On August 25, 1971, the Canadian Government ratified a ten-year agreement[7] with the British Government that allowed the British Armed Forces to use the northern three-quarters of the Suffield Block for armoured, infantry, and artillery live-fire training. On December 1, 1971, Canadian Forces Base Suffield (CFB Suffield) was officially created and allocated to Mobile Command.[8] Over 160 staff members, 90 buildings, 80 vehicles, and the Crown Village of Ralston were transferred from Defence Research Establishment Suffield to the newly created base and CFB Suffield was co-located with the Research Establishment.[9] By January 1972, the British Army Training Unit Suffield (BATUS) was established and the first live round was fired by a battlegroup from the 4th Royal Tank Regiment (4th RTR) on July 15, 1972.

British Army training has continued at Suffield since 1971, with the shared-use agreement being extended several times (made indefinite in 2006). Regular and reserve units of Canadian Army began to make use of the base beginning in 1991, around the same time as the downgrading of CFB Wainwright. The British Army Training Unit Suffield (BATUS) consists of pool training equipment used by army units rotating through the base on exercises, as well as a training "opposition force" (OPFOR).

In 1996/1997, CFB Suffield had two federal heritage buildings recognized on the Register of the Government of Canada Heritage Buildings: Central Laboratory, Building B-1 and Ralston School.[10]

DRES was merged into a new organization, Defence Research and Development Canada (DRDC), in 2000.

Defence Research and Development Canada, Suffield[edit]

Defence Research and Development Canada (DRDC) is an agency of the Canadian Department of National Defence responding to the scientific and technological needs of the Canadian Forces. Its mission is to ensure that the CF remains scientifically and operationally relevant. The agency is made up of eight research laboratories, one of which is DRDC Suffield. DRDC Suffield is the lead laboratory for chemical and biological defence research, as well as in areas generally related to military engineering, mobility systems, and weapons system evaluation.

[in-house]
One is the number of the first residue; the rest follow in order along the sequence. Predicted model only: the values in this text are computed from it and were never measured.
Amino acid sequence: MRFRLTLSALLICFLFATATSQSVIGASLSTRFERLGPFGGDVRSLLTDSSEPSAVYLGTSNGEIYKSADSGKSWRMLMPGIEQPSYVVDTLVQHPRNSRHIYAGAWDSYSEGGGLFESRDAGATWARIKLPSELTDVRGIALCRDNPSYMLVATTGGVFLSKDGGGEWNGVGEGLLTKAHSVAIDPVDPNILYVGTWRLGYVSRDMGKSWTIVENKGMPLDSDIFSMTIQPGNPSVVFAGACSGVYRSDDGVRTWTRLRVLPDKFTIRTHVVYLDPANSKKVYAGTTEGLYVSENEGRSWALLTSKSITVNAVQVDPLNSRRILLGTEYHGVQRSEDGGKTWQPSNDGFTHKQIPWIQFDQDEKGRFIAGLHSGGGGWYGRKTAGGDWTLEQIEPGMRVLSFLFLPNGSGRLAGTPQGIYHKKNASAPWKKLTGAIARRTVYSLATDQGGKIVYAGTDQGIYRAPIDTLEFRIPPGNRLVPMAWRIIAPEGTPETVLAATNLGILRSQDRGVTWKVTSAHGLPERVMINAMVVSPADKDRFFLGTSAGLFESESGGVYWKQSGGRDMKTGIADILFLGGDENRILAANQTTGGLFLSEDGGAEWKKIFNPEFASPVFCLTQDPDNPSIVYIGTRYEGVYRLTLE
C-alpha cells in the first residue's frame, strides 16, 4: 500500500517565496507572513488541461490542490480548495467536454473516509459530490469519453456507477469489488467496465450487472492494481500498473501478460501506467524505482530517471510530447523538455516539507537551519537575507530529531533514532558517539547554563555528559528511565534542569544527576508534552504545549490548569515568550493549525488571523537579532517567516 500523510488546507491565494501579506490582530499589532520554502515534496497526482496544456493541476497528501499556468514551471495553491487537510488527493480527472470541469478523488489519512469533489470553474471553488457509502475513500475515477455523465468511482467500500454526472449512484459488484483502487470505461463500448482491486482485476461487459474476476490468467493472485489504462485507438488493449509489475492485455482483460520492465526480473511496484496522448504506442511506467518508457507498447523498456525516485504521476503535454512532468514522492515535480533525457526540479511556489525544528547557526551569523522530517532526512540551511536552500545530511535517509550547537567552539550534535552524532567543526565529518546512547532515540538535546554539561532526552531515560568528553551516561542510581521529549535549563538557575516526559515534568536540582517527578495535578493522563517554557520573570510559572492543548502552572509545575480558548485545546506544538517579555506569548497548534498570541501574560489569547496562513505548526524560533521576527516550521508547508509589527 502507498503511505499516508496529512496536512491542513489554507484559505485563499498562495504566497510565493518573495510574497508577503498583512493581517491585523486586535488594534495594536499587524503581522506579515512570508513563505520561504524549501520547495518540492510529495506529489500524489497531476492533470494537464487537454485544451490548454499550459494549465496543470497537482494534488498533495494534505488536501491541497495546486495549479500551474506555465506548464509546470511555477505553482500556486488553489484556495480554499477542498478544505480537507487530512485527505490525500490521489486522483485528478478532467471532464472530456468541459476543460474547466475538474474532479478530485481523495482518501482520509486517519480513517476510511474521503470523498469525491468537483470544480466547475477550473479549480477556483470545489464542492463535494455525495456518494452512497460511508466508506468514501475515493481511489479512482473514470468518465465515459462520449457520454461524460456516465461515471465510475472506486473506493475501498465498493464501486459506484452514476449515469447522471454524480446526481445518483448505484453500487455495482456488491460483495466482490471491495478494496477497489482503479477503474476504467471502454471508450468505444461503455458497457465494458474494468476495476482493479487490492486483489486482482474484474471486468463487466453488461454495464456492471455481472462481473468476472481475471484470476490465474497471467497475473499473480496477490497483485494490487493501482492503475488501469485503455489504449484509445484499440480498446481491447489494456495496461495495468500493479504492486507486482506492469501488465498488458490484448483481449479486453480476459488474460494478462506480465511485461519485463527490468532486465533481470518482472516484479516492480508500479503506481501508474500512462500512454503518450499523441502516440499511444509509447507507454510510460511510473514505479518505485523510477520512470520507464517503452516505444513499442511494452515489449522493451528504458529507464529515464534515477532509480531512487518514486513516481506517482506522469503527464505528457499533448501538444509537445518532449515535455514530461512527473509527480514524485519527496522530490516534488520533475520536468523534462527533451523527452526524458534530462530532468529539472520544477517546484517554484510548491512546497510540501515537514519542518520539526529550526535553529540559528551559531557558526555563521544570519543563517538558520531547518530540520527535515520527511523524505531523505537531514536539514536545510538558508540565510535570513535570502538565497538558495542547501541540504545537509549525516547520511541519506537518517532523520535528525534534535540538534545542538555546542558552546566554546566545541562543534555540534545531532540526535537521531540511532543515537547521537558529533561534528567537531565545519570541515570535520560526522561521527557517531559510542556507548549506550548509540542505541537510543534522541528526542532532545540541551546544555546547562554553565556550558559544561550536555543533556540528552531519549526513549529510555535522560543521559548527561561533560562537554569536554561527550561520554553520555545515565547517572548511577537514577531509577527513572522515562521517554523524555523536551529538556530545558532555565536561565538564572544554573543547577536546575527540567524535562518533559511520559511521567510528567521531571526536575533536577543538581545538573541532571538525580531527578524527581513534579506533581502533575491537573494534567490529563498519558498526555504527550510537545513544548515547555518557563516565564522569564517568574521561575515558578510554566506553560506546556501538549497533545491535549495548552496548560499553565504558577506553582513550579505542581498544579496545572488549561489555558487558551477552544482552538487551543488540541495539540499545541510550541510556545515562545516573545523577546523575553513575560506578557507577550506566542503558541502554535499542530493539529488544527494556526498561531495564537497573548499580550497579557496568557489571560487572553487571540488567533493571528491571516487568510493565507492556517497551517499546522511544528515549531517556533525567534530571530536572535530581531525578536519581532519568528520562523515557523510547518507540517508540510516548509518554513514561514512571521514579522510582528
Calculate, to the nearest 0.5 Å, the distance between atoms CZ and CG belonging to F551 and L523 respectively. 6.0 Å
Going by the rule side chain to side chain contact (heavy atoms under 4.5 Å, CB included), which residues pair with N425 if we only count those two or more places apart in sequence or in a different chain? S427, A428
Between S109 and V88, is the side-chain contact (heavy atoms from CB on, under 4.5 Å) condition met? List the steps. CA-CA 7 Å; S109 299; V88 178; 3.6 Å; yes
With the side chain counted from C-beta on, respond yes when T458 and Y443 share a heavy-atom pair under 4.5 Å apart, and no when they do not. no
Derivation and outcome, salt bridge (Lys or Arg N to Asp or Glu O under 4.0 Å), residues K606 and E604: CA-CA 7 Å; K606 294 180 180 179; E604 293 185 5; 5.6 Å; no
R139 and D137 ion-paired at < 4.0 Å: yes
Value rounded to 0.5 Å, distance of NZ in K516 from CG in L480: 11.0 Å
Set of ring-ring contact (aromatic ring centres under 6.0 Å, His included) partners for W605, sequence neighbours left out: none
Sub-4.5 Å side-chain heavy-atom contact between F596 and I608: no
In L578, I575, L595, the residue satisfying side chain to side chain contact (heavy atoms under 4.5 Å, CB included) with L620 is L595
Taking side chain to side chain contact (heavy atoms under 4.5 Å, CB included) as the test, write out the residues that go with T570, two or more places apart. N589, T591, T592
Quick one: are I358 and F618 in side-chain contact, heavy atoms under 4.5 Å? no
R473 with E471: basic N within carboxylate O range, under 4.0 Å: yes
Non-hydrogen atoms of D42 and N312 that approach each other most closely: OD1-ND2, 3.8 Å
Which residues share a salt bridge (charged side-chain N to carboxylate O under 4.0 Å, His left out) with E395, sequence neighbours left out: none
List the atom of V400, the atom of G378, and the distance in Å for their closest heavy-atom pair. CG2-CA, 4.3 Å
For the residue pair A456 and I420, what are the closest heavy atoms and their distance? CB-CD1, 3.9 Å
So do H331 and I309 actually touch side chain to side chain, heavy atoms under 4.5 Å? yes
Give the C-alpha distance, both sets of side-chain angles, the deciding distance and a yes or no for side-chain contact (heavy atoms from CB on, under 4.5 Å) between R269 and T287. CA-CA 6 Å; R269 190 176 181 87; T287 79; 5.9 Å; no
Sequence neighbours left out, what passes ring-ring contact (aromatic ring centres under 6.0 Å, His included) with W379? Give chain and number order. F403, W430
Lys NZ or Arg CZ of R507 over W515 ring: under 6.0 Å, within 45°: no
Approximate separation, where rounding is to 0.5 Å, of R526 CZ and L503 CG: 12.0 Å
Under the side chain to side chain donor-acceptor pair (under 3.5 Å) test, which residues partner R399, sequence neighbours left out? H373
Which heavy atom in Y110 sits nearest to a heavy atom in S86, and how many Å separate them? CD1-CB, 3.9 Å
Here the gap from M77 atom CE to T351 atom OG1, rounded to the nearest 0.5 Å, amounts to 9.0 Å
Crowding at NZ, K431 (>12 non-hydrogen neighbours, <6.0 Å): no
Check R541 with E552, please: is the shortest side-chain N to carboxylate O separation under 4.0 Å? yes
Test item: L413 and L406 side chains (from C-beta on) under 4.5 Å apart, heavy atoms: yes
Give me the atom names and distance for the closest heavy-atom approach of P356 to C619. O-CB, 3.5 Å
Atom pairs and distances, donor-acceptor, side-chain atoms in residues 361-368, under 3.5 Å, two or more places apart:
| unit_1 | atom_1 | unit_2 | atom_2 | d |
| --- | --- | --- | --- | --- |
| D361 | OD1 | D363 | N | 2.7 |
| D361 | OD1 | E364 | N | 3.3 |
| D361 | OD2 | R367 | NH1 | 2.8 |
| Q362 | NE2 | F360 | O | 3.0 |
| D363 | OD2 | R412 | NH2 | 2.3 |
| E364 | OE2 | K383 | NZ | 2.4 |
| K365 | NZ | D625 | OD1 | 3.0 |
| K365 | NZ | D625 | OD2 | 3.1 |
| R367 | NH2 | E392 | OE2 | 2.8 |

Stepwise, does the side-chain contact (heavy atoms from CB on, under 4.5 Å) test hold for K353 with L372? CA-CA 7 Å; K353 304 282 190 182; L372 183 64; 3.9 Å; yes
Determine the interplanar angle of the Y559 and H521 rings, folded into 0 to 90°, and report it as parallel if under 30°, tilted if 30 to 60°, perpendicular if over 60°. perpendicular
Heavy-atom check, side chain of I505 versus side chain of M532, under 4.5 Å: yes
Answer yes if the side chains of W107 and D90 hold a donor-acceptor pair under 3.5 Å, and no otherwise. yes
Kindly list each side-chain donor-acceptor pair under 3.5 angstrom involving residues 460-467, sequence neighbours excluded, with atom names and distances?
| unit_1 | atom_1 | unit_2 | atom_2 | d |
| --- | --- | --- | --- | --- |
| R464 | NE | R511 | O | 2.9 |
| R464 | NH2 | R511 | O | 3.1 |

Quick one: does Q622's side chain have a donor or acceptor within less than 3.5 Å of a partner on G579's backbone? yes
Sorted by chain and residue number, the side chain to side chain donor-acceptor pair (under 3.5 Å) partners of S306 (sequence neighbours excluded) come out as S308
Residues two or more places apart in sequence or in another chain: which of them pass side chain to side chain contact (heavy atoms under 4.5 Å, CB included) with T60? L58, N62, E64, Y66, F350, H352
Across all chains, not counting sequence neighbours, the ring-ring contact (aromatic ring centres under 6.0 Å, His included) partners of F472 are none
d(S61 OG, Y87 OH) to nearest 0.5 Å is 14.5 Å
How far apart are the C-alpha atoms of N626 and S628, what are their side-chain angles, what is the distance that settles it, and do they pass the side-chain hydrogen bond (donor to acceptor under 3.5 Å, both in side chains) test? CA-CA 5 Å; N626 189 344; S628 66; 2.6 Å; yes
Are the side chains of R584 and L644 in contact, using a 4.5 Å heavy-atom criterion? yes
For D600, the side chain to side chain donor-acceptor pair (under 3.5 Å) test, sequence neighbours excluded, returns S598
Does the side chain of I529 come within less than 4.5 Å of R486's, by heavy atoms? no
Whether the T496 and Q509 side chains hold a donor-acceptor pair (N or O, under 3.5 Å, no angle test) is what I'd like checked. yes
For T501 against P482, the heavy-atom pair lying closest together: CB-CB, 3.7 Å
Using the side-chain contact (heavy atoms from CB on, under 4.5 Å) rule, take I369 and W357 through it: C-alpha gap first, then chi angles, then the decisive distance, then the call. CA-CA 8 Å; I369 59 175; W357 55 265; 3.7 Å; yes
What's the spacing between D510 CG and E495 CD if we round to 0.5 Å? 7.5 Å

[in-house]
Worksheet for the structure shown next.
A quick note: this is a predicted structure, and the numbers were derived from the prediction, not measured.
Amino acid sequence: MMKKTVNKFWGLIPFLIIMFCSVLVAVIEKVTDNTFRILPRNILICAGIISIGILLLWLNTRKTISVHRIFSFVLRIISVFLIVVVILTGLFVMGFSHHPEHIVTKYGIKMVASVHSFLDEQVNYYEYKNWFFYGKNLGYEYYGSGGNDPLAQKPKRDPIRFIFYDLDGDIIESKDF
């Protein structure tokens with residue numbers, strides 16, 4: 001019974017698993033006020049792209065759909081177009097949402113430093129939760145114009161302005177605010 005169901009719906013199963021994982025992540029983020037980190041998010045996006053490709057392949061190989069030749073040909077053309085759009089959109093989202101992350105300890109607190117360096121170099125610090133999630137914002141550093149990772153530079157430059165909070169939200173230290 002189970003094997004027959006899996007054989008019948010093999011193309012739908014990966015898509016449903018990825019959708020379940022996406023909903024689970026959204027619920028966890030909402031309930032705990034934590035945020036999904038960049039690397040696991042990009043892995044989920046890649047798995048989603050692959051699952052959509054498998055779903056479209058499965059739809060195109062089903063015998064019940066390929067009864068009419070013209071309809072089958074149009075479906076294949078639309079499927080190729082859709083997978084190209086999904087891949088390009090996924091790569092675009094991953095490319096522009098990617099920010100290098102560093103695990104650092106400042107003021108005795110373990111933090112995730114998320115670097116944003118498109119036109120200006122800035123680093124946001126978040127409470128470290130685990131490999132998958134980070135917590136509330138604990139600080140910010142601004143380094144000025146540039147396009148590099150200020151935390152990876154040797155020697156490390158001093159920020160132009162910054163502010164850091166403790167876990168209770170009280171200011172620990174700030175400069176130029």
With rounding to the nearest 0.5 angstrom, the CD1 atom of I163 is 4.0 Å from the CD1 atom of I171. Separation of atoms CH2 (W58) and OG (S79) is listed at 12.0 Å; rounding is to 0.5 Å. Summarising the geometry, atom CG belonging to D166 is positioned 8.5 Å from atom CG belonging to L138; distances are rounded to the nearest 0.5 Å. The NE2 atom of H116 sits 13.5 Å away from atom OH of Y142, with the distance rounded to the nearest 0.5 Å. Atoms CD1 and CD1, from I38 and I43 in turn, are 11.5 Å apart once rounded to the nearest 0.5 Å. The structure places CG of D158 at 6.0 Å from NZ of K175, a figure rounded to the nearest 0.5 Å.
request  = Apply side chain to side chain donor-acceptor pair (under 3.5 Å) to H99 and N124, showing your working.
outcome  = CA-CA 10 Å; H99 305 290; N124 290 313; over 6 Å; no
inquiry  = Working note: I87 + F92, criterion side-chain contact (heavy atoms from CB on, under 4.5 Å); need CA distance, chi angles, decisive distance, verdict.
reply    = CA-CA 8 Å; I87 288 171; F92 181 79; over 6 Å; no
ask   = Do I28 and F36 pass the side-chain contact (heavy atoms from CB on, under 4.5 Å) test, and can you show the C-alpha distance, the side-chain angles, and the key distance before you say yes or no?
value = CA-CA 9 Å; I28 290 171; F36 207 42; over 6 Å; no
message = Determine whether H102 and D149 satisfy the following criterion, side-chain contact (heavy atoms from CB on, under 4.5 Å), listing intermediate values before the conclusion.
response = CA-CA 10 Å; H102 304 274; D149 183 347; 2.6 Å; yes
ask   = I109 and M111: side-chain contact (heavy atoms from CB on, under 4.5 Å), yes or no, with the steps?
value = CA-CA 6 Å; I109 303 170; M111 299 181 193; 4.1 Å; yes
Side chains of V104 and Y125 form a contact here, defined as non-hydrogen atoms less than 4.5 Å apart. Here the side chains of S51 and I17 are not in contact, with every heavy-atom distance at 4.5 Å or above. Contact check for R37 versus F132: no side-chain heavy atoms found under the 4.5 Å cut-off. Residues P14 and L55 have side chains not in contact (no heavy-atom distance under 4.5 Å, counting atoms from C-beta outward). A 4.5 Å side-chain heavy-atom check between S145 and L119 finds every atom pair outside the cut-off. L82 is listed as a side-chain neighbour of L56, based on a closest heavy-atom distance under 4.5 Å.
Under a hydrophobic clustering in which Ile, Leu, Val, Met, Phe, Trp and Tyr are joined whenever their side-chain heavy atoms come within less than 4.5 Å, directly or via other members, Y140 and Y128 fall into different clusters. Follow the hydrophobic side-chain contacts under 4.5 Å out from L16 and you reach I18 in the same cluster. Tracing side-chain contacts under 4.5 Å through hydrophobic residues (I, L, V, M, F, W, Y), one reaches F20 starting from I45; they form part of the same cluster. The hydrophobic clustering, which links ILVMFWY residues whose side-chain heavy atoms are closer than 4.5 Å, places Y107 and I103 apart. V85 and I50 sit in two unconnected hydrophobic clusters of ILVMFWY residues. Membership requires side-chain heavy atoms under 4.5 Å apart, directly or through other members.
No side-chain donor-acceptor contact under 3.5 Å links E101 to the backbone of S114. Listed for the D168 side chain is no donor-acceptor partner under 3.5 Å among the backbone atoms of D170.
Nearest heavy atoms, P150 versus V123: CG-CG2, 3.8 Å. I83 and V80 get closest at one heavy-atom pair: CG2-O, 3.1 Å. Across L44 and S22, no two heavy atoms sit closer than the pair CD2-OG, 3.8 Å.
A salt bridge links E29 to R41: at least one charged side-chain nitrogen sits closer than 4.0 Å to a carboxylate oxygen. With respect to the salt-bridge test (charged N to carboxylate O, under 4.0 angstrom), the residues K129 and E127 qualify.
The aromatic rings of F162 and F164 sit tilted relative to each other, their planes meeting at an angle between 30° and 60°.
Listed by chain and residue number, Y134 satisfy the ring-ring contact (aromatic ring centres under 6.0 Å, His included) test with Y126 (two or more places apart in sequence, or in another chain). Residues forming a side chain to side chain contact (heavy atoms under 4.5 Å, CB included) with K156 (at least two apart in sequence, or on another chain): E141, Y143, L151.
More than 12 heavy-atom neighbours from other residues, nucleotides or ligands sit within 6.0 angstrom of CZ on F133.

Wildlife refuge[edit]

The decision to designate the Suffield Block a military training facility in 1941 left tens of square kilometres of undisturbed prairie grassland intact from the effects of industrial agriculture. In 1992, the military signed a Memorandum of Understanding with Environment Canada and in 2003 lands along the South Saskatchewan River comprising some 458 square kilometres (177 sq mi) were designated as the Suffield National Wildlife Area.

See also[edit]


  1. ^ "CFB Suffield Base Commander". Archived from the original on 2013-01-20. Retrieved 2013-05-04.
  2. ^ a b Canada Flight Supplement. Effective 0901Z 16 July 2020 to 0901Z 10 September 2020.
  3. ^ Synoptic/Metstat Station Information Archived December 1, 2011, at the Wayback Machine
  4. ^ CFB Suffield
  5. ^ Dau, Barry J. (1 June 1983). "The Suffield Military Reserve: An examination of land utilization patterns over time". University of Calgary. p. 105.
  6. ^ Staff writer (c. 1942). Pilots Handbook of Aerodromes and Seaplane Bases Vol. 2. Royal Canadian Air Force. p. 114.
  7. ^ Overseas Training Areas British Parliamentary Debates (Hansard) - House of Commons, 3 Aug 1971
  8. ^ Backgrounder - Canadian Forces Base Suffield[permanent dead link]
  9. ^ "Interim Memorandum of Agreement Between the Chief of the Defence Staff and the Chairman, Defence Research Board Relating to (A) the Establishment of the Canadian Forces Base, Suffield (B) the Provision of Services to the Defence Research Establishment Suffield and (C) the Provisions of Services to the Canadian Forces Base, Suffield", signed 27 October 1971
  10. ^[permanent dead link] Register of the Government of Canada Heritage Buildings.